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Klein, E. (1943). The Garden of Eden: Géza Róheim. Psa. Rev., XXVII, 1940, pp. 1–26; pp. 177–199.. Psychoanal Q., 12:149-150.
Psychoanalytic Electronic Publishing: The Garden of Eden: Géza Róheim. Psa. Rev., XXVII, 1940, pp. 1–26; pp. 177–199.

(1943). Psychoanalytic Quarterly, 12:149-150

The Garden of Eden: Géza Róheim. Psa. Rev., XXVII, 1940, pp. 1–26; pp. 177–199.

Emanuel Klein

'In the sweat of thy face shalt thou eat bread' (Genesis III, 17). This the savage does not do in the same measure as civilized mankind. Work and civilization are misfortunes so terrible that the biblical narrator believes they can only be explained by a curse of the Almighty.

A number of Babylonian myths concerning the quest for immortality are discussed in relation to the concept of the Divine King who is the father who is killed by his son. A study of African myths on the subject of death leads to the conclusion that it is believed to originate as a consequence of someone's ill will, a projection of man's own hostile impulses. In a Yuma myth, 'death is due to incest because the mother-child relation contains not only the element of tenderness but also the more aggressive desire of coitus. Hence we might even say that if death is caused by hatred and lack of love from the ontogenetic point of view, … anxiety is due to the conflict with the father and unsatisfied desires regarding the mother.'

'The fruit [apple-breast] is taboo because it belongs to father and can only be acquired at the price of fighting with father… The father is the enemy because the beloved woman is the mother.' Adam defied the father, had intercourse with the mother and was then afflicted with remorse. 'Anxiety, shame, … and punishment then appear in the world … the Oedipus complex is repressed and gives rise to the superego.' Coitus is a sin from the point of view of the introjected father, or superego. 'Coitus itself is a punishment when regarded from the superego point of view.'

The change from a primitive to a civilized (superego) state corresponds, in the life of the individual, to the change from childhood to sexual maturity. Genitality is achieved at the cost of expulsion from the Garden of Eden (infantile pleasures). The other reasons for man's fall spring from his aggressive impulses.

This long article contains a wealth of valuable material about many variants of the Eden myth. Unfortunately it is not well organized and it is often very difficult to follow the trend. The basic idea is the light that the Garden of Eden myths shed on man's change from a savage to an agricultural society. The reasoning is that the child's separation from the mother, the process of maturity, generates aggressive impulses toward the mother which are transferred to a mother symbol, the cultivated soil. The savage takes to agriculture to have this new mother symbol, the earth as a target for his aggression.

One is reminded of Freud's rebuke in another connection, when he said, 'One would exaggerate the significance of this secondary adaptation if one were to say that the ego acquired the symptom for the sole purpose of enjoying its advantages. This would be to advance a view as correct or as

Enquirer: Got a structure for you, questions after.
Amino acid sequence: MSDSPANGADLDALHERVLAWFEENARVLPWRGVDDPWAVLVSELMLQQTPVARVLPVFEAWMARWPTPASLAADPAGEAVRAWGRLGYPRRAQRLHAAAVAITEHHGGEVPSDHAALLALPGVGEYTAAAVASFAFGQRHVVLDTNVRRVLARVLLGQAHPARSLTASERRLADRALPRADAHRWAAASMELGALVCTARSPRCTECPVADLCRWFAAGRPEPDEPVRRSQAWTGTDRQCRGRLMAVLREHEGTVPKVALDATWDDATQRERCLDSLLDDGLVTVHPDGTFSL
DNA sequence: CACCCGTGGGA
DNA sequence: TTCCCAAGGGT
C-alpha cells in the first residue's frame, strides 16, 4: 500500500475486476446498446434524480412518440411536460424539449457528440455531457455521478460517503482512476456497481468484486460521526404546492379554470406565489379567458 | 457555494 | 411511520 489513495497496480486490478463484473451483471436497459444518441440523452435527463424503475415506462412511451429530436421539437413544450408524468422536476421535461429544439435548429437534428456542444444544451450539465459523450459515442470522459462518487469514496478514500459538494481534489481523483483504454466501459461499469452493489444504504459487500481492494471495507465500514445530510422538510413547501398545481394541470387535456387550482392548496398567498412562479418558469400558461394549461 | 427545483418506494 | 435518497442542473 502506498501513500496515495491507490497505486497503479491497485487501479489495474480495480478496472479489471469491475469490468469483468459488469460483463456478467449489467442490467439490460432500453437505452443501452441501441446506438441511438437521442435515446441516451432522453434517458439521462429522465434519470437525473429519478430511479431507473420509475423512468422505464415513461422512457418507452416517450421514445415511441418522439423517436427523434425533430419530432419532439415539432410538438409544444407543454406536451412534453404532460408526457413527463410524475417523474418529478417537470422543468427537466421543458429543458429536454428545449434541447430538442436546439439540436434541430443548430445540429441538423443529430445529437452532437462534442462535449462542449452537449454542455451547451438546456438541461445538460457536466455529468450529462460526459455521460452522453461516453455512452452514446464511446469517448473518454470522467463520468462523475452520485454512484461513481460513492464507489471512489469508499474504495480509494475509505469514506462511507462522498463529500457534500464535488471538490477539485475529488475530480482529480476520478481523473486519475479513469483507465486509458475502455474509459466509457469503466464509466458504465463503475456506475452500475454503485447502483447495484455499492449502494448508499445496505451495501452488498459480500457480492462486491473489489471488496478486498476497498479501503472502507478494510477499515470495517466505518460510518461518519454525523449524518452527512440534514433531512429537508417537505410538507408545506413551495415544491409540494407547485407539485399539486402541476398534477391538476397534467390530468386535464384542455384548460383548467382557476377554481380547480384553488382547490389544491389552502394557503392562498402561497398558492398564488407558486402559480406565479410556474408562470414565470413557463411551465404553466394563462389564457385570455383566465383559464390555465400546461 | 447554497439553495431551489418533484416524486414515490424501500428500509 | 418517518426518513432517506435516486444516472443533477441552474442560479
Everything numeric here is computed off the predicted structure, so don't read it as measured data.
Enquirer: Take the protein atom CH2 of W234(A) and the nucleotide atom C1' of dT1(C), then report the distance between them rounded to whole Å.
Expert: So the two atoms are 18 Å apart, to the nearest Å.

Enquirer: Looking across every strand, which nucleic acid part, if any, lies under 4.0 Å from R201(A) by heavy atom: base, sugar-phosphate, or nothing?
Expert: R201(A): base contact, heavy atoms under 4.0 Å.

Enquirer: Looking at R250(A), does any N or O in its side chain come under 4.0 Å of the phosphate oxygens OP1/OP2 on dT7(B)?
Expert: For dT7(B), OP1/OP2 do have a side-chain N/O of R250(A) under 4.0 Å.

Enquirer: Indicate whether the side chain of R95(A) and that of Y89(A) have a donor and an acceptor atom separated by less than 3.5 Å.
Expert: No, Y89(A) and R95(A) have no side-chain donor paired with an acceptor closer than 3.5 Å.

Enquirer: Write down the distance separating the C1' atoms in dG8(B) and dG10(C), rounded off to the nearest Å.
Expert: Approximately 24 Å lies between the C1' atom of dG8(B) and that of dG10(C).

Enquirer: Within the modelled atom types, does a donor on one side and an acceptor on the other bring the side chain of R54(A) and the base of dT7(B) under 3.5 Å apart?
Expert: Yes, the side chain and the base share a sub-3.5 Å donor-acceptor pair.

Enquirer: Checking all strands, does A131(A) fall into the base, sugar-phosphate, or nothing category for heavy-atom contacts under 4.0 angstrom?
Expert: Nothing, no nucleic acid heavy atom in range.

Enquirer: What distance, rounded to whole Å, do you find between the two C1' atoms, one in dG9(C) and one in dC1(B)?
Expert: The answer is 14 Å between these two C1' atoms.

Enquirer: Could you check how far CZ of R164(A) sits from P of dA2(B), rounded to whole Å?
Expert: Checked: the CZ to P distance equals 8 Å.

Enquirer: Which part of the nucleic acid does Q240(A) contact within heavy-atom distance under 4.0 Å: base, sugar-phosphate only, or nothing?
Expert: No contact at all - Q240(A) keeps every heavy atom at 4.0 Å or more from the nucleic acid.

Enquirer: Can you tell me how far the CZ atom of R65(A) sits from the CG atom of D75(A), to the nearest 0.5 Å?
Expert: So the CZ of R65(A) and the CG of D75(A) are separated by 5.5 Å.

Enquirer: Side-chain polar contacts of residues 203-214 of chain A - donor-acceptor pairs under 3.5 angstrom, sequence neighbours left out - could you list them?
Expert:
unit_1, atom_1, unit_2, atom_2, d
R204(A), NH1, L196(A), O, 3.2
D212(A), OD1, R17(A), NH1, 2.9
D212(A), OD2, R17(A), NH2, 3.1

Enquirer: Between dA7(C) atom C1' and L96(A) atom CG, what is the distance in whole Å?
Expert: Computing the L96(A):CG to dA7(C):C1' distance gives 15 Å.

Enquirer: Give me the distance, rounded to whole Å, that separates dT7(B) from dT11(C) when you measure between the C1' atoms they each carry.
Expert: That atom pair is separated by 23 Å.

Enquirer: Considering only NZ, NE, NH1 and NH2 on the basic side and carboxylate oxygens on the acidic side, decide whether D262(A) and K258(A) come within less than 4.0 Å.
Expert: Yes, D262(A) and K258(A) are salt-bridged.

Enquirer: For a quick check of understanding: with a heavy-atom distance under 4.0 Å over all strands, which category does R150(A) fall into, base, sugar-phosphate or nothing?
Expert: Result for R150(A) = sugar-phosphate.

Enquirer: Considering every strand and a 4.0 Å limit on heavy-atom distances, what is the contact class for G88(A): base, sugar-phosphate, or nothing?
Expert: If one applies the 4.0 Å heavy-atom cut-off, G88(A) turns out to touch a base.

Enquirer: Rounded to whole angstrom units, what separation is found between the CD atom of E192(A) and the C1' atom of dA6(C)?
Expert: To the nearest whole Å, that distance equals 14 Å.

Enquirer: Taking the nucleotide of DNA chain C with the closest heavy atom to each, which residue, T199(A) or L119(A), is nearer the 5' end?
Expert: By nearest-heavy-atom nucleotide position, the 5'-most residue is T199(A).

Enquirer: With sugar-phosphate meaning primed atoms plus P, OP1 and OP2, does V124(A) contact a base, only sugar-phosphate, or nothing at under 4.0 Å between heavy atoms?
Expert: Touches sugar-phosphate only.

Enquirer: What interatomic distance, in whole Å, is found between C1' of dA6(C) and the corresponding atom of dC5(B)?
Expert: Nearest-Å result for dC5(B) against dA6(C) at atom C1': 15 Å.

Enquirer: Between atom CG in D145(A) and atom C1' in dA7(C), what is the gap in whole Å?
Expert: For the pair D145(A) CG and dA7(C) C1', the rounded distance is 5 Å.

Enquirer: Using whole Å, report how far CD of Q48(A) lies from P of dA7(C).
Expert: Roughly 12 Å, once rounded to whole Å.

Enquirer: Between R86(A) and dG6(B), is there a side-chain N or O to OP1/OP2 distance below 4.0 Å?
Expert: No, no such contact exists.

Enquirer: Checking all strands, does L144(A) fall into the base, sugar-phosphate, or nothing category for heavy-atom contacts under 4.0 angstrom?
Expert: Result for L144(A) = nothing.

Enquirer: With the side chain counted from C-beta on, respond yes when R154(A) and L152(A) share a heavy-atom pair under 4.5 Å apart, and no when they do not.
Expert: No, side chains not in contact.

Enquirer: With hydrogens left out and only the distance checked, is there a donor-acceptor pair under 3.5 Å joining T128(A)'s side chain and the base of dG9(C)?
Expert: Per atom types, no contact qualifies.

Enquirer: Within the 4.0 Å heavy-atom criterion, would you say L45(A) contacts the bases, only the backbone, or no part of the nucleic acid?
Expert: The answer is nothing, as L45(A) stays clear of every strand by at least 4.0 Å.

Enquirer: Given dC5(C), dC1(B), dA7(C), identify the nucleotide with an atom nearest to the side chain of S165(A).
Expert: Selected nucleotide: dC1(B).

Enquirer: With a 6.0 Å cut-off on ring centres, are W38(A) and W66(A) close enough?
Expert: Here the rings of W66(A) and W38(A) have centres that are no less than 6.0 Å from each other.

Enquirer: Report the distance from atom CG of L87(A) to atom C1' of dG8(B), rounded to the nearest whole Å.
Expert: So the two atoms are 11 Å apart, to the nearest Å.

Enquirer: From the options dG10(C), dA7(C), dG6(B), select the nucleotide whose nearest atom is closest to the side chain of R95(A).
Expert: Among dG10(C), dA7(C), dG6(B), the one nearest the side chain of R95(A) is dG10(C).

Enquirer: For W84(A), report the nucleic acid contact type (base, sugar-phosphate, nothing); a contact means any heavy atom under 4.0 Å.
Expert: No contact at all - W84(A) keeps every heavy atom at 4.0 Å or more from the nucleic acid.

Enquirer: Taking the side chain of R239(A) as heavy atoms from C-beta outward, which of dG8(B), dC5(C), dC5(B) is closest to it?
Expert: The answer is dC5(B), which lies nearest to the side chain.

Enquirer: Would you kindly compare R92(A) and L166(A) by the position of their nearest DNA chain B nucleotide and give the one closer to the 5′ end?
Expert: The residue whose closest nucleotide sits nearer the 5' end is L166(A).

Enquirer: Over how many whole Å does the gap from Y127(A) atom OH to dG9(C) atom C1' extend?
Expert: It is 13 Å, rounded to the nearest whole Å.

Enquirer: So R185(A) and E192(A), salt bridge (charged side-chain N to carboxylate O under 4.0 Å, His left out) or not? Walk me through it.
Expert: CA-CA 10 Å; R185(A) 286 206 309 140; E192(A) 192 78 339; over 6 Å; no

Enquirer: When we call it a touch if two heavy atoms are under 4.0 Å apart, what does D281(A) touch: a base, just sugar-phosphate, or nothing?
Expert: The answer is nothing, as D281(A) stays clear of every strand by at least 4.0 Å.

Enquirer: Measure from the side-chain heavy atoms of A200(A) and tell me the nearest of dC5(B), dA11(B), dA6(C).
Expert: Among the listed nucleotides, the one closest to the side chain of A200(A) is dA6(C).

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1 Freud: The Problem of Anxiety. New York: The Psa. Quarterly Press and W. W. Norton & Co., Inc., 1936.

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erroneous as the opinion that a maimed war veteran had had his leg shot away only that he might thereafter live in indolence on his pension.'1

Mankind's activities as conceived of by Róheim are primarily modes of coping with unconscious infantile anxieties. Mankind is viewed as a severely neurotic patient for whom reality has lost its significance because the intensity of his infantile anxieties pervades all of his activity against which his whole life is a defense. The neurosis itself is explained by the formulations of Melanie Klein with its withdrawal of emphasis from specific personal experiences to the most universal experiences, such as the fact that the infant does not suck endlessly but has the nipple only at certain times. From these facts are postulated complex fantasies in the early months of existence which dominate all of later life. The individual so described is then taken to be the prototype of mankind, and the collective efforts of man to cope with his real needs are said to be analogous to an individual's defenses against his anxieties. This is truly a demoniac conception of the world. An agricultural worker to whom the earth is primarily a mother symbol on which he projects his infantile ambivalence would develop a work disability brought on by anxiety and guilt over his work. As Freud put it, '… the ego function of an organ is impaired whenever its erogeneity, its sexual significance is increased'.2

Freud also said, 'This age of childhood in which the sense of shame is unknown seems a paradise when we look back upon it later, and paradise itself is nothing but the mass fantasy of the childhood of the individual'.3 Róheim has too closely identified this mass fantasy which mankind often projects onto history, with the actual history of mankind.

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2 Freud: The Problem of Anxiety. New York: The Psa. Quarterly Press and W. W. Norton & Co., Inc., 1936, p. 16.

3 Freud: Interpretation of Dreams. Third Eng. Edition. London: Allen & Unwin, p. 294.

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Article Citation

Klein, E. (1943). The Garden of Eden. Psychoanal. Q., 12:149-150

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